Something else that is irrational is our desire to fabricate stories, from the mundane to the fantastic, for our sheer entertainment. And it is this that Dawkins has decided to turn his attention to. Dawkins plans to study whether books aimed at children that involve fantasy and other “anti-science” are harmful to children.

Dawkins has said that he

“plan[s] to look at mythical accounts of various things and also the scientific account of the same thing…. the scientific one will be substantiated, but appeal to children to think for themselves; to look at the evidence. Always look at the evidence.”

If this is solely the aim of his book, then all is well and good. However (and I hope that this is merely a misrepresentation of his intentions in the popular press), he is being reported as taking a wider swipe at children’s fiction in general.

I think looking back to my own childhood, the fact that so many of the stories I read allowed the possibility of frogs turning into princes, whether that has a sort of insidious affect on rationality, I’m not sure. Perhaps it’s something for research.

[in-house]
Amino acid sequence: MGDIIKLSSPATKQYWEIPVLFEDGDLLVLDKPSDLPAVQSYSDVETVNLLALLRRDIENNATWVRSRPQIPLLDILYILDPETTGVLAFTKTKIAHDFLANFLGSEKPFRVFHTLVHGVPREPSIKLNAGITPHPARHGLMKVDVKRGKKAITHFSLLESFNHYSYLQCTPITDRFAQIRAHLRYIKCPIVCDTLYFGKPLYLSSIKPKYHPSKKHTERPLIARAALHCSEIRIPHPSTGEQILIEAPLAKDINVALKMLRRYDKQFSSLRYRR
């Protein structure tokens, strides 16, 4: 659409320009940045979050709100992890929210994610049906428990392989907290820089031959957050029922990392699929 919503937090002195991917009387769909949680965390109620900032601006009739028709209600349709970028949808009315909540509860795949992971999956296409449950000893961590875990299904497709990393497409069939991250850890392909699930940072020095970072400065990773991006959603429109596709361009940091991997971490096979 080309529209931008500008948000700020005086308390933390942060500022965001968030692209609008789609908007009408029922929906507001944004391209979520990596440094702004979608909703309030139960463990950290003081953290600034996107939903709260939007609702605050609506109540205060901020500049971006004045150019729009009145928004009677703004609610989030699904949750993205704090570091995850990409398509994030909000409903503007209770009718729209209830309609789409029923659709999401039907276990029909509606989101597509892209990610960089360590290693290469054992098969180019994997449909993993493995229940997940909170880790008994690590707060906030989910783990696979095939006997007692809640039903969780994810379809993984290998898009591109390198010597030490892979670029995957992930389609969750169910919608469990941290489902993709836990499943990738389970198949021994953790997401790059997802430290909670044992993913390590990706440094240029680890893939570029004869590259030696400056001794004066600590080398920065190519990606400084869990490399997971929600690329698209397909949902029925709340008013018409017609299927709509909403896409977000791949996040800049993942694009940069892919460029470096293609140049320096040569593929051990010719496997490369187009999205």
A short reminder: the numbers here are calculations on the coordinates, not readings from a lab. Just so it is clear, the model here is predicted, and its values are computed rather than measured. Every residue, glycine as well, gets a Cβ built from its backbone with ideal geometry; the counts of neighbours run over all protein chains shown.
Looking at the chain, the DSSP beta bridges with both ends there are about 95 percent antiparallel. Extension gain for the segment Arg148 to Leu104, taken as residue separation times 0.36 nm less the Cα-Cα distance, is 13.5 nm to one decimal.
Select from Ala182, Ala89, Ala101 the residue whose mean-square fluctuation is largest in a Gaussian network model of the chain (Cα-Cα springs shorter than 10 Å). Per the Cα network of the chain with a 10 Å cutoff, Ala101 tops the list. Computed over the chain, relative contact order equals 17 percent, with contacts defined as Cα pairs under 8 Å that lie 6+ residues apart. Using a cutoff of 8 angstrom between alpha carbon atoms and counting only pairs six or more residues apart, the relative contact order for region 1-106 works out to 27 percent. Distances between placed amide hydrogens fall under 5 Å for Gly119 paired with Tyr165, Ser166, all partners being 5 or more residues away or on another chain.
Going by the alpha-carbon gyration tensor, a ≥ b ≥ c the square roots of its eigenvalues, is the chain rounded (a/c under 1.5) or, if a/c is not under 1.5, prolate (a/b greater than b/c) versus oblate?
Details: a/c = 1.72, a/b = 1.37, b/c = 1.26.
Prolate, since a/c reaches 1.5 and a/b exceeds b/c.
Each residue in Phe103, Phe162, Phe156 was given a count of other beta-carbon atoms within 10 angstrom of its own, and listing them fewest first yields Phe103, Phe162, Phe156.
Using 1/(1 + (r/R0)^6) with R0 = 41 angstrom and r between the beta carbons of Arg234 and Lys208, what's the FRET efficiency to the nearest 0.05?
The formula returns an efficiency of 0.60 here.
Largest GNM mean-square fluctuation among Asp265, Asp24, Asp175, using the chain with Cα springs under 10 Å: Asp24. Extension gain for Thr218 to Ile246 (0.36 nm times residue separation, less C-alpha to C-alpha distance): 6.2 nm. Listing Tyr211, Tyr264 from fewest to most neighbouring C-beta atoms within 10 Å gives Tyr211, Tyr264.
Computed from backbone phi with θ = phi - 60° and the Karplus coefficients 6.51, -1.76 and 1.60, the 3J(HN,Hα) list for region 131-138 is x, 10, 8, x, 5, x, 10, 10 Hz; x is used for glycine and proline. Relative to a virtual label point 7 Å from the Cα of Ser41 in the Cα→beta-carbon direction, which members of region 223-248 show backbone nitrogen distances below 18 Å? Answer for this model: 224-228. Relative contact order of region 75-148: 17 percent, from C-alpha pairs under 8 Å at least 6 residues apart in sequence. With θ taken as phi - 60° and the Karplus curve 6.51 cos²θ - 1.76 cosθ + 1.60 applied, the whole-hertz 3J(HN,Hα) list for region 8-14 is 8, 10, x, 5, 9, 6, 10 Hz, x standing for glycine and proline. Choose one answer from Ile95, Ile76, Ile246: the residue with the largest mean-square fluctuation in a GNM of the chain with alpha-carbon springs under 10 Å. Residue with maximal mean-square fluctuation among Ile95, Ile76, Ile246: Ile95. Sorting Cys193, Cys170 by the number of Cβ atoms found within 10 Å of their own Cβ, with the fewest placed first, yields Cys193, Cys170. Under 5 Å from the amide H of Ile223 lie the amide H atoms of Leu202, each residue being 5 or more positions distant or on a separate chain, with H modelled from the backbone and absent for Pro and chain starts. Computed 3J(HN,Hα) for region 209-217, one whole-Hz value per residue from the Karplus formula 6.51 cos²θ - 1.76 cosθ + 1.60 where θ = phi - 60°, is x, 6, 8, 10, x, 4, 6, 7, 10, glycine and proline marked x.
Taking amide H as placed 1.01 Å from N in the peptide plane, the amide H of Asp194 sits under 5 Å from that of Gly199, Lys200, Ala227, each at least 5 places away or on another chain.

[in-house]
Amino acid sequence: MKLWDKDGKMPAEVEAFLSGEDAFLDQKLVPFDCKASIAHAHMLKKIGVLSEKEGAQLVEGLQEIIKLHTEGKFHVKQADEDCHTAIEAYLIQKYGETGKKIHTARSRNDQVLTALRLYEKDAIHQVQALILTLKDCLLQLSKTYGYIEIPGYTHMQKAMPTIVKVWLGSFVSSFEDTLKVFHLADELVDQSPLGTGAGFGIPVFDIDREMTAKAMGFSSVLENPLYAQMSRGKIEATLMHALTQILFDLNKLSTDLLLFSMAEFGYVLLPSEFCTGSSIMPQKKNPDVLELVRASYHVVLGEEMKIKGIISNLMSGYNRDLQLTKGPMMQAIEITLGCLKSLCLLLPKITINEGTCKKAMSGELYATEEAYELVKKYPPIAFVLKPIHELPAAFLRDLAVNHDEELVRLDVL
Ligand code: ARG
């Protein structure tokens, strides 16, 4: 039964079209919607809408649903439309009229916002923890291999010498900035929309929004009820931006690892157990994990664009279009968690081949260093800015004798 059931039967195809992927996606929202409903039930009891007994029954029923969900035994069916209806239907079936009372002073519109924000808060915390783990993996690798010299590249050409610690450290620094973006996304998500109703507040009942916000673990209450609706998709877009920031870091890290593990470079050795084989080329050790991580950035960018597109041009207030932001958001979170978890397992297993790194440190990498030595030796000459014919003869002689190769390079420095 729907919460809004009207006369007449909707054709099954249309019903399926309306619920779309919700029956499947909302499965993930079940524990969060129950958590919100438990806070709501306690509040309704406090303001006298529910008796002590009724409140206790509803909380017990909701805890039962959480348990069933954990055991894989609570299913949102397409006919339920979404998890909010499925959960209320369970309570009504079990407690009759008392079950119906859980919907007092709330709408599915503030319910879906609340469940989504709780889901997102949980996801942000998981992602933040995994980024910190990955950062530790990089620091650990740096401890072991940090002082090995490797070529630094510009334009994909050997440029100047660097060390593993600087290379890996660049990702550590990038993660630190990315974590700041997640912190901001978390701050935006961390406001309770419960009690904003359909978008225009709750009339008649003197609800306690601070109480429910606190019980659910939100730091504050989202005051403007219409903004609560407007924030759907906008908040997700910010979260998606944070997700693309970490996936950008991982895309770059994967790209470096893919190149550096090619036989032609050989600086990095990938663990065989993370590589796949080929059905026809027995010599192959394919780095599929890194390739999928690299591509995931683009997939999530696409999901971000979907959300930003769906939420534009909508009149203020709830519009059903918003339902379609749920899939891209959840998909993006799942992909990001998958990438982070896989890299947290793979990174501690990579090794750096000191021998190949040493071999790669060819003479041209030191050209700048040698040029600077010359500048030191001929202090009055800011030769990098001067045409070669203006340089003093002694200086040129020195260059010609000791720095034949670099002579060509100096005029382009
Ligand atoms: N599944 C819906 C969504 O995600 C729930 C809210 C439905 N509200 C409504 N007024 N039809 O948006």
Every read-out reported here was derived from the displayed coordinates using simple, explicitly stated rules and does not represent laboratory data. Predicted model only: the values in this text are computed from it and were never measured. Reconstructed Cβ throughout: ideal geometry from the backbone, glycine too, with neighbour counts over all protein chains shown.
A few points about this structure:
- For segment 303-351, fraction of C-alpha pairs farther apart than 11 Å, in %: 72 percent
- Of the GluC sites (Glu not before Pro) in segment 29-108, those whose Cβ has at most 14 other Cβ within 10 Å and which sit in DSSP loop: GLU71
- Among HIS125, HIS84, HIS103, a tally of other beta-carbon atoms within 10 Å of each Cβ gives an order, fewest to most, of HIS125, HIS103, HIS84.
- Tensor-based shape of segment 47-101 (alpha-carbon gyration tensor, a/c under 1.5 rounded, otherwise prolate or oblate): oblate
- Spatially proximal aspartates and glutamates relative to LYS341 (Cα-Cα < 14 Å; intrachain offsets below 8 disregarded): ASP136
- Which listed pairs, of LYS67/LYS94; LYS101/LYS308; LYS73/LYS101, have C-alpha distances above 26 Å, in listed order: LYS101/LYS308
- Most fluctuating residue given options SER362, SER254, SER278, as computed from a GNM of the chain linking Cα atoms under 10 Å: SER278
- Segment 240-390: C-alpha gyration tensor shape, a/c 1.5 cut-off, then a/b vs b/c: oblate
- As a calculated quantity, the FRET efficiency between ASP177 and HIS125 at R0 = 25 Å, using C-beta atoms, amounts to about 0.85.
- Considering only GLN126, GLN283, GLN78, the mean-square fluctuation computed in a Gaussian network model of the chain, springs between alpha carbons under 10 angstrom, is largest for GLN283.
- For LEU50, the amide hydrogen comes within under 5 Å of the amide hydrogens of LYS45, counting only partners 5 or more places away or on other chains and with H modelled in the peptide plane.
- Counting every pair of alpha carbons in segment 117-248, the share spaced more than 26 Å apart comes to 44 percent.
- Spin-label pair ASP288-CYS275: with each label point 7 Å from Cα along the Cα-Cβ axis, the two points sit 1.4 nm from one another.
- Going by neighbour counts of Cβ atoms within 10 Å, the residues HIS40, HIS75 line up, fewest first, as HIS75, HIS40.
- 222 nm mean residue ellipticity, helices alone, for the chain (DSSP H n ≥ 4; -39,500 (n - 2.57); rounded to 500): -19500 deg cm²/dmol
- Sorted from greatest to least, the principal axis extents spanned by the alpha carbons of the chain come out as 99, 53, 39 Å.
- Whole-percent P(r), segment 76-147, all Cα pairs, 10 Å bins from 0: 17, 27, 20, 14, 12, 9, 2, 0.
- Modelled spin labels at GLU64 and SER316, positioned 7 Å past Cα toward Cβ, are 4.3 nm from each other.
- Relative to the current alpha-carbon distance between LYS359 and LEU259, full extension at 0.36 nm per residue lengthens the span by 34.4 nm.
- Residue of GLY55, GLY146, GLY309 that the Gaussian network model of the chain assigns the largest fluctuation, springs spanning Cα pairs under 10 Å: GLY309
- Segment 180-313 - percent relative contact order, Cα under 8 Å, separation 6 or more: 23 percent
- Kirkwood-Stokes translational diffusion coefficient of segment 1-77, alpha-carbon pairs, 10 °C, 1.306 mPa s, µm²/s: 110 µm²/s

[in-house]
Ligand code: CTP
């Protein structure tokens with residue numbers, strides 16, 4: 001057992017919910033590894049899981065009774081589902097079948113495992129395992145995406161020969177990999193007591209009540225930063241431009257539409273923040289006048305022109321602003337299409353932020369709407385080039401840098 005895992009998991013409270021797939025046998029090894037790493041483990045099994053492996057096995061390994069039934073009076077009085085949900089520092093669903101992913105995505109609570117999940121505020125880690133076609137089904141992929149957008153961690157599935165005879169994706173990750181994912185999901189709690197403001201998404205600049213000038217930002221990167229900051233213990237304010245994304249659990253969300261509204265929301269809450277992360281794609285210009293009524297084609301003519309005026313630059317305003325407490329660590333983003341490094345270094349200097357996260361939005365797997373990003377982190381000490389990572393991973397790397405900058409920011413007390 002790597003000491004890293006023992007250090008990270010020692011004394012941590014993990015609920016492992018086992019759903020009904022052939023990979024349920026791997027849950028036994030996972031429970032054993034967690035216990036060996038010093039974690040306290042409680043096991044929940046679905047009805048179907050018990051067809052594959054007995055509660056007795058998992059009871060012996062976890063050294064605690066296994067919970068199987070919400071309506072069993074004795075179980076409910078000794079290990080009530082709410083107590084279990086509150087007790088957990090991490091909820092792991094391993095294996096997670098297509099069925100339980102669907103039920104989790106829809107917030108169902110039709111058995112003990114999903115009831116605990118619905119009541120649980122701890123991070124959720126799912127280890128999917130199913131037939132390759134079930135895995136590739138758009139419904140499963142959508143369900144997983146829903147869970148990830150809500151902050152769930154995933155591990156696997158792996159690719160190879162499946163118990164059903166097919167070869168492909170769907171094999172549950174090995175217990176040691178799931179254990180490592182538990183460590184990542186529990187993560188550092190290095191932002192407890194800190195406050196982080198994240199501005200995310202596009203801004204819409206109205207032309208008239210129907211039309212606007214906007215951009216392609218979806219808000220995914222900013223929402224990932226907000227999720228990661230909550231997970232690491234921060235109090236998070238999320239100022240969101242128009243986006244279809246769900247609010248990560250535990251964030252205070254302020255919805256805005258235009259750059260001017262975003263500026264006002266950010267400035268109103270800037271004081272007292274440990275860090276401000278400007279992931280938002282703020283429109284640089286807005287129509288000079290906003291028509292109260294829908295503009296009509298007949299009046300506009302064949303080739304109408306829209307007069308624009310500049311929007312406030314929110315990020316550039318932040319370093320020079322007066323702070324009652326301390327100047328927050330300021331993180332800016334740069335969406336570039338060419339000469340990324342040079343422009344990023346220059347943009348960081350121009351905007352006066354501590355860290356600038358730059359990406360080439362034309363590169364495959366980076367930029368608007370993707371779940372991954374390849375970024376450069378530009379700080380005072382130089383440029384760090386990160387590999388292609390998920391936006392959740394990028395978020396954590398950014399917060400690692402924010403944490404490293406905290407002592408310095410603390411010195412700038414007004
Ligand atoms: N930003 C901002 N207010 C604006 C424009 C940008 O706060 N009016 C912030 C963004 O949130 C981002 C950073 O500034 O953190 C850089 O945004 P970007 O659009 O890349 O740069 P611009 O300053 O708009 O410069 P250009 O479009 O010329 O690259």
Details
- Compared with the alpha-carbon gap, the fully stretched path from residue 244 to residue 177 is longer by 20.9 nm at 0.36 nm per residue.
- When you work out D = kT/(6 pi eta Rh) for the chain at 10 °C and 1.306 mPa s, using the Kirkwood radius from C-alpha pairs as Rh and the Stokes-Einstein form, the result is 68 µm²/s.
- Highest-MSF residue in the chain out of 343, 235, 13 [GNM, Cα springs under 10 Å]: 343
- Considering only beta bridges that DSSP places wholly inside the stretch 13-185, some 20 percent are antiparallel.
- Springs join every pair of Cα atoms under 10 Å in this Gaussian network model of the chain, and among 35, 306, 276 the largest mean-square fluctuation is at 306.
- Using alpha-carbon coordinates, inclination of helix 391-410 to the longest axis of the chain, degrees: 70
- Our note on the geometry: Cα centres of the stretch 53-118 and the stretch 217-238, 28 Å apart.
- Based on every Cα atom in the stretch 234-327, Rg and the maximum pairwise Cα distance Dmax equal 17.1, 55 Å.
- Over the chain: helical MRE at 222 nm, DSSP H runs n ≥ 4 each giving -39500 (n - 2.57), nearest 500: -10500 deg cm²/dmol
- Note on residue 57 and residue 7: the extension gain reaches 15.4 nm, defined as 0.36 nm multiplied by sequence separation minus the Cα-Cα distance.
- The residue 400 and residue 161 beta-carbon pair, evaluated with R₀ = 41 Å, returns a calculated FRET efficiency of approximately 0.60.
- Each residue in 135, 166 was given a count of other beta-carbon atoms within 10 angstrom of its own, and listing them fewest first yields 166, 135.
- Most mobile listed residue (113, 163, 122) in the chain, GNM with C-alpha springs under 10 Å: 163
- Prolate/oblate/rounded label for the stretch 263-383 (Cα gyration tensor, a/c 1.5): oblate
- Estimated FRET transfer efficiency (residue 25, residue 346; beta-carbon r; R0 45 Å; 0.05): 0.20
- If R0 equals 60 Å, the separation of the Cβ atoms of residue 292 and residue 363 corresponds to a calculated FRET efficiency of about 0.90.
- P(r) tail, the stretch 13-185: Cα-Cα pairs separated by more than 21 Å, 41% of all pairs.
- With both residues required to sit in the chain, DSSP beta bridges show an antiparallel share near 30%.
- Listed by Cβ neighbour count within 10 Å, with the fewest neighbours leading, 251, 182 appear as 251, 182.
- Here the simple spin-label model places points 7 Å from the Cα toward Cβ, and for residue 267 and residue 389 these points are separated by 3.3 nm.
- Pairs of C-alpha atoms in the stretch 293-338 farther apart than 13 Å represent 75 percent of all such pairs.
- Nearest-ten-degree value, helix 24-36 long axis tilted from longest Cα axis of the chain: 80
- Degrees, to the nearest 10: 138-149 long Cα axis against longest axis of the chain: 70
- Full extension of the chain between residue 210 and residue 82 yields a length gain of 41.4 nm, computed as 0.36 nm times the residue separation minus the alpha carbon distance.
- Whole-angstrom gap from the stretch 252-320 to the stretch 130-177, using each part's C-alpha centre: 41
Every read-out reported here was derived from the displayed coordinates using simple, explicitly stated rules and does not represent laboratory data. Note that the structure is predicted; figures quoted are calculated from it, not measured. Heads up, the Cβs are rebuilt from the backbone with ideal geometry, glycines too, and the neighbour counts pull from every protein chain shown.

Perhaps it is something for research, but it obviously did not have any effect on Dawkins’ rationality – why presuppose that it should have an effect on others?

If Dawkins wishes to examine whether bringing up children to believe in a religious explanation for the world affects their ability to think rationally about science is one thing, but the Telegraph reports that he wants to look at the effects of “bringing children up to believe in spells and wizards”. Underlying that, is the belief that when parents read fiction to their children, they are expecting them to believe these tales as unquestionable truth. Harry Potter is not the truth. The Chronicles of Narnia are not the truth. And if Dawkins believes that parents are reading these stories to their children and expecting them to believe them as true, then he has himself become irrational. Children may accept something as true if you tell them it is, but I don’t think that there is anyone out there telling their children that their wardrobe is a doorway to a land ruled by a talking lion.

Nor does this square with Dawkins’ avowed love for the works of Philip Pullman. A world where children with magical powers who go to school to learn to use them is wrong, but a world where children are accompanied by shape-shifting talking animals is fine? I don’t think so.